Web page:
Movie Infos
Title: Harry Potter and the Philosopher’s Stone
Year: 2001
Director: Chris Columbus

 I don’t think I’ve ever witnessed such frenzy for a series of books. Kids who hate reading are devouring them novels, as are their parents who enjoy them as much. And then there’s even tons of people my age who’ve shed their young adult cynicism and cool and allowed themselves to get lost in J.K. Rowling’s writing. It actually took me forever to get around to reading “Harry Potter and the Philosopher’s Stone”. So many people were hammering me about it (“Oh you HAVE to read this!”) that I was sick of it before I even cracked it open. Plus, I didn’t get why grown-ups were reading these kiddie books. What interest would I have in the adventures of a little brat on a broomstick? Still, I eventually gave in last month and read the first Potter book. What can I say. Harry Potter is one heck of an enjoyable read. It’s not “Catcher in the Rye” or anything, but you do get hooked on it. Rowling knows just how to involve you and it’s easy to identify with the characters, have fun with them and get caught up in the suspense. Then there’s the way magic is almost an aside. This is really a nice book about this little geek who arrives in a new school, makes some friends, studies for exams, confronts bullies, gets on a sport team. Except that also involved are magic wands, messenger owls, flying broomsticks, centaurs, a giant and a baby dragon!

Many felt Steven Spielberg would have been perfect for bringing the world of Hogwarts to life, but the movie ended up being directed by Chris Columbus. Ok, so he’s not Spielberg, but he knows how to direct kids (ain’t Macaulay Culkin priceless in “Home Alone”?) and while his “Bicentennial Man” was corny and dumb, its made-up world did look pretty friggin’ great. And I have to say, though I wasn’t as impressed by the film as some others who can’t wait for seconds, Columbus has done a very good job if only at putting into images Rowling’s vision without sugar coating it or making it crass. This is a classy, imaginative kiddie flick.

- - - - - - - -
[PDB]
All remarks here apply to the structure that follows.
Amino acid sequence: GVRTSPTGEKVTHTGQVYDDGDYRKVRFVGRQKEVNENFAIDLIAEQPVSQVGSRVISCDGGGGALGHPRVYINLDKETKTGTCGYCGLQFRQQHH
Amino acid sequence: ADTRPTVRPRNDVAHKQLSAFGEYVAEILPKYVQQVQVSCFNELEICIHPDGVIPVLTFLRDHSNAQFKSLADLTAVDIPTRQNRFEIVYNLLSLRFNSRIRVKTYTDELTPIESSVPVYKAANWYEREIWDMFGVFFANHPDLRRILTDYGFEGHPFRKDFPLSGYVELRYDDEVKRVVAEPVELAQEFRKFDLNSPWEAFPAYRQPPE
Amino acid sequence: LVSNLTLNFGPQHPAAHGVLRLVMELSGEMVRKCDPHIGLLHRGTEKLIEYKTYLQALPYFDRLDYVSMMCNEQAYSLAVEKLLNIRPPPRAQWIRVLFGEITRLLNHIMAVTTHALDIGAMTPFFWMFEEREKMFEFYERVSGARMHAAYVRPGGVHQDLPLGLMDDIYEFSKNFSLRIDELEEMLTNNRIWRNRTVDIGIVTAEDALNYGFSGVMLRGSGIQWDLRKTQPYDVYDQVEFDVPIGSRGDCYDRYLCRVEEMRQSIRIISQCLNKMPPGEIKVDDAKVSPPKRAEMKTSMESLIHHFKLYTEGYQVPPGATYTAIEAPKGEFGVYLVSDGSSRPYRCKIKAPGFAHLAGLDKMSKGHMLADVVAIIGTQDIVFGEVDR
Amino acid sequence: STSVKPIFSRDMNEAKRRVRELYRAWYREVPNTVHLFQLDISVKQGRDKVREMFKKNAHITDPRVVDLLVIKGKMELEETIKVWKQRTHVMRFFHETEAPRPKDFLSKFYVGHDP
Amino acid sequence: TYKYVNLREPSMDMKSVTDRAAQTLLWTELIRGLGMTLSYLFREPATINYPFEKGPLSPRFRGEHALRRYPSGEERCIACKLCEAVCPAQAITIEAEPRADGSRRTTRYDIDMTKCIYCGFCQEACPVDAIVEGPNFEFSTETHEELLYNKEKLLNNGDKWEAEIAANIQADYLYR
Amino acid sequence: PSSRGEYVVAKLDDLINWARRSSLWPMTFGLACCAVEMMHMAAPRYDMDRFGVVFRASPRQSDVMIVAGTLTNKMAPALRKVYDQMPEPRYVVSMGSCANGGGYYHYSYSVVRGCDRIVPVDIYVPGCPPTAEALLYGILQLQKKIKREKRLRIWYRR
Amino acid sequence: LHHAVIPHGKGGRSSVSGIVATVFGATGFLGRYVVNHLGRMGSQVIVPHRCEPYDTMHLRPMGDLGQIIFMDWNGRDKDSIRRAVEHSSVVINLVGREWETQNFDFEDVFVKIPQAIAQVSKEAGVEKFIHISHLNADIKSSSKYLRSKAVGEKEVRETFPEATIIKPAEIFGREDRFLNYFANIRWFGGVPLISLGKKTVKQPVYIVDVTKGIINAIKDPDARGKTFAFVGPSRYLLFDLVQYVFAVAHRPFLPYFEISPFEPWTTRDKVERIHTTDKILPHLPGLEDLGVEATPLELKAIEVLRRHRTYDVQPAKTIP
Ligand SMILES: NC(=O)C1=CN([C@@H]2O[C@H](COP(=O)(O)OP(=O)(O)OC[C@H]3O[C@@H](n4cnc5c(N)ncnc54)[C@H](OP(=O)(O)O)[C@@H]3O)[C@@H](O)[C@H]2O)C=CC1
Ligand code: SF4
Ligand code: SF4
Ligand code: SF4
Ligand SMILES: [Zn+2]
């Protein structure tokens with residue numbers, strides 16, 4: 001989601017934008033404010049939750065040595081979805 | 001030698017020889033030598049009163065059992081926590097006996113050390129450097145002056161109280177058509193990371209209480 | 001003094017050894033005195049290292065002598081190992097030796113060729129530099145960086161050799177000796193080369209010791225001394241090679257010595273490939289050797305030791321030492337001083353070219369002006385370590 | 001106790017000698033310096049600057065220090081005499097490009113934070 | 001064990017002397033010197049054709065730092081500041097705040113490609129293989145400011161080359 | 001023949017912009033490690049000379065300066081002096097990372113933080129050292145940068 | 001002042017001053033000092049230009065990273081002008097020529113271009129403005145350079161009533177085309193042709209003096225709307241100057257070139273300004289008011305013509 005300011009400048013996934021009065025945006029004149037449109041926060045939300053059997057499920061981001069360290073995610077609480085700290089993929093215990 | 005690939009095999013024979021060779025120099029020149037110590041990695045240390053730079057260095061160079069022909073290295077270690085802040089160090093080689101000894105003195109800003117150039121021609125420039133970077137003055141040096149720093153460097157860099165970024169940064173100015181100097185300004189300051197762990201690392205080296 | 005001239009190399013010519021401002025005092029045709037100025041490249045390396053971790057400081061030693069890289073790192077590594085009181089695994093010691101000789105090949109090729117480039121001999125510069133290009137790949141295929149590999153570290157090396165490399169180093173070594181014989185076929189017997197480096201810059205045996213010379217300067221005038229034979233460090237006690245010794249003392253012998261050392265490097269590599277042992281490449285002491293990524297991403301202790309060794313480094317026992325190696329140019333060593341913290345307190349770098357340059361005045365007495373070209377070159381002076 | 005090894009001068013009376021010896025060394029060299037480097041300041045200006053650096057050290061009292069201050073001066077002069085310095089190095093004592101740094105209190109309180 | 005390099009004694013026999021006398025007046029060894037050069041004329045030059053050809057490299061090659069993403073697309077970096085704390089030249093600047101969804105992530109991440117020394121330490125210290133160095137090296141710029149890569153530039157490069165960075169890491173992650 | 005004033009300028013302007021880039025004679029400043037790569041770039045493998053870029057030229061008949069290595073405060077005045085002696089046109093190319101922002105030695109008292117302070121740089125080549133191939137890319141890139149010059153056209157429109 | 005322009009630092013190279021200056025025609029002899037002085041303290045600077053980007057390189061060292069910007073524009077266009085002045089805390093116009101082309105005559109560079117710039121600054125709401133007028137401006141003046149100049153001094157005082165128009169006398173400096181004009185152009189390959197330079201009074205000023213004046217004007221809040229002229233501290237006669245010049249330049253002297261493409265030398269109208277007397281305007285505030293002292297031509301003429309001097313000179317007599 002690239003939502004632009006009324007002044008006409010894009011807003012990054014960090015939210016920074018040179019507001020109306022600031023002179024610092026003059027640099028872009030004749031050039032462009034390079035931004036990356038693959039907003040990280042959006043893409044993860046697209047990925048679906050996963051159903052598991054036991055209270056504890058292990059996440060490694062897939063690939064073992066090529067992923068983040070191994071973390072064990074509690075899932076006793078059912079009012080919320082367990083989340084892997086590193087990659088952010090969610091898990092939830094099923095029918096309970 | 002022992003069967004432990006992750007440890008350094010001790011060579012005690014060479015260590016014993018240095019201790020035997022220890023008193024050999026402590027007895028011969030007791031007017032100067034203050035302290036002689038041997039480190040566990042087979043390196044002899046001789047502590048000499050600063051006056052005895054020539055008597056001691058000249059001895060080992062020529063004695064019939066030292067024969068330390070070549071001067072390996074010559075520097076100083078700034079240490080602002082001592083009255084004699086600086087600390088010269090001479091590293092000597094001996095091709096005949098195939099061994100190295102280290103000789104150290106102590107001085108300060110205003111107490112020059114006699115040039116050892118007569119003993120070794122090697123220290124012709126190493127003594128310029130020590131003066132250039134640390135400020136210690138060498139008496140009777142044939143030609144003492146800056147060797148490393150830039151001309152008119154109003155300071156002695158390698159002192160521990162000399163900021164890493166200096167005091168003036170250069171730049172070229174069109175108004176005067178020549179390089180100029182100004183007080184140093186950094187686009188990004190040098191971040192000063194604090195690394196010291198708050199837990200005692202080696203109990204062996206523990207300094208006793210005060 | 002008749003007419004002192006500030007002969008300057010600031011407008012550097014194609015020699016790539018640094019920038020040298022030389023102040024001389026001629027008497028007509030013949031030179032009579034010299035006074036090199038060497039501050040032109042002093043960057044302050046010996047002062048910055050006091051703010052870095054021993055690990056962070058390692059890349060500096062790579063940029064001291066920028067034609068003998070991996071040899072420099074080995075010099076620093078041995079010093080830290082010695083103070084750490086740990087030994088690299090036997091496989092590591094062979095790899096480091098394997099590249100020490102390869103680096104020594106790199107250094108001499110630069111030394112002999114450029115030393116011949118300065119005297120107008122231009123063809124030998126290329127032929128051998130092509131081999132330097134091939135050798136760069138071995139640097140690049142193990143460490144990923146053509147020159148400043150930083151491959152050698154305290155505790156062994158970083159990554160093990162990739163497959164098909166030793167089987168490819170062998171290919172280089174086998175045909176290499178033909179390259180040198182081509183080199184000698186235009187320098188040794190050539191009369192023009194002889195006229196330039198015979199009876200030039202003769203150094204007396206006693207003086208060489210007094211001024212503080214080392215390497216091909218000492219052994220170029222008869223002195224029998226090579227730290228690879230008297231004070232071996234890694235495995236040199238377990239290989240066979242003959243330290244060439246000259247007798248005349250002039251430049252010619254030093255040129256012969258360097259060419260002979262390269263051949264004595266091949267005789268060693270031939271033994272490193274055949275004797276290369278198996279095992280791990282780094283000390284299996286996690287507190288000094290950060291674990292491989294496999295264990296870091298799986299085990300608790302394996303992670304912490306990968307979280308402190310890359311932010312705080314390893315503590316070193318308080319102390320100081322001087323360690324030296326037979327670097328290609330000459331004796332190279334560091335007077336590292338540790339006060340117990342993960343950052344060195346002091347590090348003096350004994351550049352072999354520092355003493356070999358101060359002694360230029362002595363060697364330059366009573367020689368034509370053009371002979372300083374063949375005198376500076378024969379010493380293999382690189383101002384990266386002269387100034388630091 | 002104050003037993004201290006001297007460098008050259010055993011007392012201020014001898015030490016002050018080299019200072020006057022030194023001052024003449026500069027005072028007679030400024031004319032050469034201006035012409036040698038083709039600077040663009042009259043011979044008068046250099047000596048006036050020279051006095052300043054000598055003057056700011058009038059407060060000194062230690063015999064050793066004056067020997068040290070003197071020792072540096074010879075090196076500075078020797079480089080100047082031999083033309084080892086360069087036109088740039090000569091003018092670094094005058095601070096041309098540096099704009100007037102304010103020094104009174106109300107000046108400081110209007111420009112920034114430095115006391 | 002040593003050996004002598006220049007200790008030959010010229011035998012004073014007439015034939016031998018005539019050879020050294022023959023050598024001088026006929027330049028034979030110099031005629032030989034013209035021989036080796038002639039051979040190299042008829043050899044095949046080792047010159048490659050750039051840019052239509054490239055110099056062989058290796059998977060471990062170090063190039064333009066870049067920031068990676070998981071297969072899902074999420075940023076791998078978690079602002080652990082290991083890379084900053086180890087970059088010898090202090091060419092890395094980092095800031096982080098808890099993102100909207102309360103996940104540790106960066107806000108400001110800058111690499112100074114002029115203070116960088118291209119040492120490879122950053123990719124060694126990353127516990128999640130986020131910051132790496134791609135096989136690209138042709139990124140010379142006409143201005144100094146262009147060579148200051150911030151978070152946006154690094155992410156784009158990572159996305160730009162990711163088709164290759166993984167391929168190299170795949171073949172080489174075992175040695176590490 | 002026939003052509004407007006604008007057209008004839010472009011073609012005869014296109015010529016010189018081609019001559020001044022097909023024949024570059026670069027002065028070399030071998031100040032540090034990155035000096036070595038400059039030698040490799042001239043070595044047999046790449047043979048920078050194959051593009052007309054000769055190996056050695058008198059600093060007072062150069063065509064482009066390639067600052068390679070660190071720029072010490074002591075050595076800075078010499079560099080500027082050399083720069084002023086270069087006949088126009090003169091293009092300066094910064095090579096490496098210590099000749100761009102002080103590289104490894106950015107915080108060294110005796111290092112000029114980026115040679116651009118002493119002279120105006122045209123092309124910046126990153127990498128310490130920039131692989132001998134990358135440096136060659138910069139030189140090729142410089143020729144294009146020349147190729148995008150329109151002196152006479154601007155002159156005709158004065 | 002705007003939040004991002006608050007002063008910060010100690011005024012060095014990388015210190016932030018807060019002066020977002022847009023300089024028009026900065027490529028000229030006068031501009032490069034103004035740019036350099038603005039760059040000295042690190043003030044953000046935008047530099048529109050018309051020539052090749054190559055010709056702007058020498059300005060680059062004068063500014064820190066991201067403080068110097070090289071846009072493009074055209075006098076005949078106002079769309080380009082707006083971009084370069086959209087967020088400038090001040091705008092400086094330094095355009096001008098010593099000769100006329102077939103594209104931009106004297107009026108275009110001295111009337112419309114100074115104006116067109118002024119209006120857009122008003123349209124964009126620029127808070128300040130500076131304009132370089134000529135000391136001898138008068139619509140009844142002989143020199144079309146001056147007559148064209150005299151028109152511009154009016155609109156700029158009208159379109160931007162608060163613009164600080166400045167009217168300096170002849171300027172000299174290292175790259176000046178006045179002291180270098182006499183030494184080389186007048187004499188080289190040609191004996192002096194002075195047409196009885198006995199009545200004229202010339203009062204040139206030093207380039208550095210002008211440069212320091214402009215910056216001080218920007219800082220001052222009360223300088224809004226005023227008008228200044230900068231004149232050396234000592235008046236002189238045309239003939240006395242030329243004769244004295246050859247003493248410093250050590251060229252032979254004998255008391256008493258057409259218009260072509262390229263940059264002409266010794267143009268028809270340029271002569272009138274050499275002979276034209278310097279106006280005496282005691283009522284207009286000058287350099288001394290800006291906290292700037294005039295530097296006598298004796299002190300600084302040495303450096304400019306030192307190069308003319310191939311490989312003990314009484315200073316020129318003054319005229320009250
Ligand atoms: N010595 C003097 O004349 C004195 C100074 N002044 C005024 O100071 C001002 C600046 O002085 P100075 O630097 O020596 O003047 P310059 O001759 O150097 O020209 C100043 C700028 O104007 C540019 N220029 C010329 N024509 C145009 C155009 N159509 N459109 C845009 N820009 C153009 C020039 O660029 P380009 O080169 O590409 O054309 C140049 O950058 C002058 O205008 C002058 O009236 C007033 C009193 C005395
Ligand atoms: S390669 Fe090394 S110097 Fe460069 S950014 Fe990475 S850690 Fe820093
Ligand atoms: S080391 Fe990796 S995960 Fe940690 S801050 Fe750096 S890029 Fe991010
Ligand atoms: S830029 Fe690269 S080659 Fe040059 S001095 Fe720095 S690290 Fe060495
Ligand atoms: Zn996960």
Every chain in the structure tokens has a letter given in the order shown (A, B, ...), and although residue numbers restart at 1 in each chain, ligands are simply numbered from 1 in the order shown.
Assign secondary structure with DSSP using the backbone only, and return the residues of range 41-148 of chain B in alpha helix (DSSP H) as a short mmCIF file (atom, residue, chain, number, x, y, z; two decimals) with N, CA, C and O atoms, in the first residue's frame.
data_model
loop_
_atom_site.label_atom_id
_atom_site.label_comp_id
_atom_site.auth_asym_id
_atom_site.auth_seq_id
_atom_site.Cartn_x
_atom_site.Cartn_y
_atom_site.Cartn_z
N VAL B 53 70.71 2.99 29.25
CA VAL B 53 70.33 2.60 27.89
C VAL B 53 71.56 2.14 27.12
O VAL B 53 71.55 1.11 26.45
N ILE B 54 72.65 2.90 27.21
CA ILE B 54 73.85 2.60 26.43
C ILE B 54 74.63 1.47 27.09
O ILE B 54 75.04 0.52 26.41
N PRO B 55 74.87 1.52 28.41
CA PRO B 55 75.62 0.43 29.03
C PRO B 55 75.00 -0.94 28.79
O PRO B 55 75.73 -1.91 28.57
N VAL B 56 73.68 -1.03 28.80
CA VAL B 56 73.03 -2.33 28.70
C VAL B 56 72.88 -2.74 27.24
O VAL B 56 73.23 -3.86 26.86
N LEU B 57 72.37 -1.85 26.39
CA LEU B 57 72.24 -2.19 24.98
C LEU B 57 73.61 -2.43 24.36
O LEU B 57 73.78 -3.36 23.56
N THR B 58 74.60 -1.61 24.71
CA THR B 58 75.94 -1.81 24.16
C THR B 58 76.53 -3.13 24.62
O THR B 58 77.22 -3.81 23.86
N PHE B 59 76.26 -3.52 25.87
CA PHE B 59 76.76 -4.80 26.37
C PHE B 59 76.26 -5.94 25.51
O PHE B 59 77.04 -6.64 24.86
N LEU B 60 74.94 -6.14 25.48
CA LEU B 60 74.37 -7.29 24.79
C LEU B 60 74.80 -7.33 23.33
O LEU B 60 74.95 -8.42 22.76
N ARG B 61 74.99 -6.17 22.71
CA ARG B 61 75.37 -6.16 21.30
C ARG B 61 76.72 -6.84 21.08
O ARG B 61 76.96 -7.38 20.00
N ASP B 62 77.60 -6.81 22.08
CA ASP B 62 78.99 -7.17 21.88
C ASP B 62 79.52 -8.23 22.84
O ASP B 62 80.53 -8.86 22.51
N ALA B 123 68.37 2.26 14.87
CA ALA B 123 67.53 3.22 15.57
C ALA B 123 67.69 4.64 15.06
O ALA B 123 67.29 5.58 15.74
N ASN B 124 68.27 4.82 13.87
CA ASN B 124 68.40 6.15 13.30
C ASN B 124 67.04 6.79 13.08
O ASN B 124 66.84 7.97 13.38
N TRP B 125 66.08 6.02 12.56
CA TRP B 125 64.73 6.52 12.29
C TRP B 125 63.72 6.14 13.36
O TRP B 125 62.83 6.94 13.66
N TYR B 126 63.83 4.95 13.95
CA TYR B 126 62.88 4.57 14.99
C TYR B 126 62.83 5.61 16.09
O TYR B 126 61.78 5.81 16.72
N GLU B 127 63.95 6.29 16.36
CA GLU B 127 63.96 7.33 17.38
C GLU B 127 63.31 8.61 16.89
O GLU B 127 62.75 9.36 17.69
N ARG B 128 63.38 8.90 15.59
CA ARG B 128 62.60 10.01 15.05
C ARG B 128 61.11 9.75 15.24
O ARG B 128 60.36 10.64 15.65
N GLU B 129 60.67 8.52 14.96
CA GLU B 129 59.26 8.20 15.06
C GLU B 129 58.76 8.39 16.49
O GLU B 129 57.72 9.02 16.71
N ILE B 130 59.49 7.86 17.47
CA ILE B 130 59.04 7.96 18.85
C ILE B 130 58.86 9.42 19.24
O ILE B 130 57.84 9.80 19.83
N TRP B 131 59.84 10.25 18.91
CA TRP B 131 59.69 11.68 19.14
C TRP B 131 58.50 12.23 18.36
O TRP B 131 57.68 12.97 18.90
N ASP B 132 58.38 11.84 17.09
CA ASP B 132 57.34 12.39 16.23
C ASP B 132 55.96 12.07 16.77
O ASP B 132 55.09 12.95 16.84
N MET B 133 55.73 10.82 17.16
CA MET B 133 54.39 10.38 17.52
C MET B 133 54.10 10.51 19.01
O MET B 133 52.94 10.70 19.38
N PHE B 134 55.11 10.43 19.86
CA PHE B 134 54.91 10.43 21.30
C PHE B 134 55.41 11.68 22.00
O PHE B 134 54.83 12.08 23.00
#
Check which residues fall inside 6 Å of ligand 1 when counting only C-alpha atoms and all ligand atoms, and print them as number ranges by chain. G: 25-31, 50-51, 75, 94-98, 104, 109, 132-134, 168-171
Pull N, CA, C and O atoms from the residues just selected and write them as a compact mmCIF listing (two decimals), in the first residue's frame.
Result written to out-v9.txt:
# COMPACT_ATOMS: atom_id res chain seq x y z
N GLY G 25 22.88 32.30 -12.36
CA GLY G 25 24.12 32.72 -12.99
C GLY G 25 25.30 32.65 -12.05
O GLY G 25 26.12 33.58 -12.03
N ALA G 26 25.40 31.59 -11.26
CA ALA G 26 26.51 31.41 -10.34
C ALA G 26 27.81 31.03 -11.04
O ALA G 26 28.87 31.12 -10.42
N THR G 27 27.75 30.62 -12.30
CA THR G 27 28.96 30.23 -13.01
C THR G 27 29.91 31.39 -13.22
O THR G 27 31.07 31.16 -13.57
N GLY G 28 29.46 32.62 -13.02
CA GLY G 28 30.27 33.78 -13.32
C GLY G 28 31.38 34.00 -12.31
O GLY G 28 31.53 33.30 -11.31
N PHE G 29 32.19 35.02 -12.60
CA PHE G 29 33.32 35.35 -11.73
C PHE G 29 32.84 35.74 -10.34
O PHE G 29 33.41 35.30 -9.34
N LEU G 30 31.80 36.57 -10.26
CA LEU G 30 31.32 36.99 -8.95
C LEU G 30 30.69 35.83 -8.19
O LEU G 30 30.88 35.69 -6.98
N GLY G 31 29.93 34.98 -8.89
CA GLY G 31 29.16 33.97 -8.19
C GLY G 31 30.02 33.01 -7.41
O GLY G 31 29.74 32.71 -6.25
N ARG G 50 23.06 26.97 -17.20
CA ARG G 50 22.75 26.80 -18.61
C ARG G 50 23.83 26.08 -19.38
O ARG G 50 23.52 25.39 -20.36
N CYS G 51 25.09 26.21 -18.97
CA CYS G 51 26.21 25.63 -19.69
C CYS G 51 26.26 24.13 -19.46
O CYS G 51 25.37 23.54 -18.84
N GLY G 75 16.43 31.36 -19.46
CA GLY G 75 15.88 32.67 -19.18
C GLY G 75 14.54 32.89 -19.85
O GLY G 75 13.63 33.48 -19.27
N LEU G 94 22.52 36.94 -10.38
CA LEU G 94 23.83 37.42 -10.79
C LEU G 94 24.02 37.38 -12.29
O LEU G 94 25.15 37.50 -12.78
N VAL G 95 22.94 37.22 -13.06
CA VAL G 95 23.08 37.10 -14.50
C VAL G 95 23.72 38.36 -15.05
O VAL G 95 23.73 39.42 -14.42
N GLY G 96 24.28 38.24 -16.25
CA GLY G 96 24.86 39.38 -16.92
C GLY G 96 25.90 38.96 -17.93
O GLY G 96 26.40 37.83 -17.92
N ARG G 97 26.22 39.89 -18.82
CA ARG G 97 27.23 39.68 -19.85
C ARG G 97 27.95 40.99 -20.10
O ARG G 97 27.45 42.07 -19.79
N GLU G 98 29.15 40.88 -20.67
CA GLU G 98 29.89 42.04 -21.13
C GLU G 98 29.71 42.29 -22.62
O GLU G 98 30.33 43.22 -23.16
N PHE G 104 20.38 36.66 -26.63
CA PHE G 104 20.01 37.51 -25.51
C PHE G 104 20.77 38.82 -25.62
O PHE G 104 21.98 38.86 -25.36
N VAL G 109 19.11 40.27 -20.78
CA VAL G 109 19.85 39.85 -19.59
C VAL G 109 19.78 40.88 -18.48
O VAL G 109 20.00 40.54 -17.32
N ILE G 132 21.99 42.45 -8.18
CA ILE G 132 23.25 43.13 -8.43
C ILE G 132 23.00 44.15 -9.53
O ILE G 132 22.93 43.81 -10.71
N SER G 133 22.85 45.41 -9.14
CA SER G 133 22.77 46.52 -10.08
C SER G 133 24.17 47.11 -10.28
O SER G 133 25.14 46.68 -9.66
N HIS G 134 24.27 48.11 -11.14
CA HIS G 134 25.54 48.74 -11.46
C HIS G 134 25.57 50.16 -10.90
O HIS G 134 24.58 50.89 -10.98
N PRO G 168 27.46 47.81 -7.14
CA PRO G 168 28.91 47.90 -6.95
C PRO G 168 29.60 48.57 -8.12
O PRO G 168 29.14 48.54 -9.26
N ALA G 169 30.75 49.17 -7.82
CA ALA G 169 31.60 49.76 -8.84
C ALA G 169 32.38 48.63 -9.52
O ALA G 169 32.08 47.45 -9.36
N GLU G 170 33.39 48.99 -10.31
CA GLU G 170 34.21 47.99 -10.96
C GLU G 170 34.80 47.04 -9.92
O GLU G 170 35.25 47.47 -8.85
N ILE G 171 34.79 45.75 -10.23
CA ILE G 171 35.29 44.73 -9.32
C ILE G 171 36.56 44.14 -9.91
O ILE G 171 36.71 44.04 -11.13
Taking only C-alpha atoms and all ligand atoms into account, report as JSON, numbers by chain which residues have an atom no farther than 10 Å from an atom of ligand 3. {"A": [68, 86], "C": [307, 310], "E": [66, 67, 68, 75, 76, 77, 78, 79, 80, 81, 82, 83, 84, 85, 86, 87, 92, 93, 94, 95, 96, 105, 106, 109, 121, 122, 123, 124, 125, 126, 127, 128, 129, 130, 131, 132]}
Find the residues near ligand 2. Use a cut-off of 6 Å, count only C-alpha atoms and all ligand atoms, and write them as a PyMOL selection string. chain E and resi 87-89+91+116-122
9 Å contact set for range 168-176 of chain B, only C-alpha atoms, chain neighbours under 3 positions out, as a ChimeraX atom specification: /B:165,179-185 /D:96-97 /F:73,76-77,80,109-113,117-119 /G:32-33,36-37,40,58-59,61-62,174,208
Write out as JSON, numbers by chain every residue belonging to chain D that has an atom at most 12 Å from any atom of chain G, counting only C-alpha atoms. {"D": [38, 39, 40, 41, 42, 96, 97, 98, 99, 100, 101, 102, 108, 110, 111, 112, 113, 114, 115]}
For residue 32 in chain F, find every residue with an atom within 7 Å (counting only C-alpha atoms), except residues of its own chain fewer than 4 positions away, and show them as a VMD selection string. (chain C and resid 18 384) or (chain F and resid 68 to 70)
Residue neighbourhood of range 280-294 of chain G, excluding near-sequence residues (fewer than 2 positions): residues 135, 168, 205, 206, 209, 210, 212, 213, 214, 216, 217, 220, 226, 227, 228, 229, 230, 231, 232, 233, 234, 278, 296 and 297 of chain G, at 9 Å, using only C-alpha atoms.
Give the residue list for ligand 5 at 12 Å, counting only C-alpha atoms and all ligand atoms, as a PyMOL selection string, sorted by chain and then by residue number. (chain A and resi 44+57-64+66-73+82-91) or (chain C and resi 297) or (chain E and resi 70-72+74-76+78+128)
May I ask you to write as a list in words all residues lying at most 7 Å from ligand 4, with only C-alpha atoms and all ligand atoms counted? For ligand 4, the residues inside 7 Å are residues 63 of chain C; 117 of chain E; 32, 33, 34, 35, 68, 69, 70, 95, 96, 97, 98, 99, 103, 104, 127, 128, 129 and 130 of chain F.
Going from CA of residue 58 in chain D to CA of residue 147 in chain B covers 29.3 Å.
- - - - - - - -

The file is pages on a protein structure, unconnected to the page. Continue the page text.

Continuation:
I won’t spend too much time on a synopsis, as you probably know all Harry Potter already. So he’s this legendary young dude whose parents are murdered by the evil Voldermort, who tries to kill the then infant too but, mysteriously, he’s the one who is nearly annihilated. Harry is marked with a lightning-shaped scar on his forehead but lives on, unaware of his history, in the care of his Muggles (non-wizard) uncle and aunt Dursley, who are contemptuous of magic in general and him in particular. Then one day, on his 11th birthday, a jolly giant named Hagrid (Robbie Coltrane) takes him away to Hogwarts School of Witchcraft and Wizardry, where he’ll discover that he has amazing hidden skills.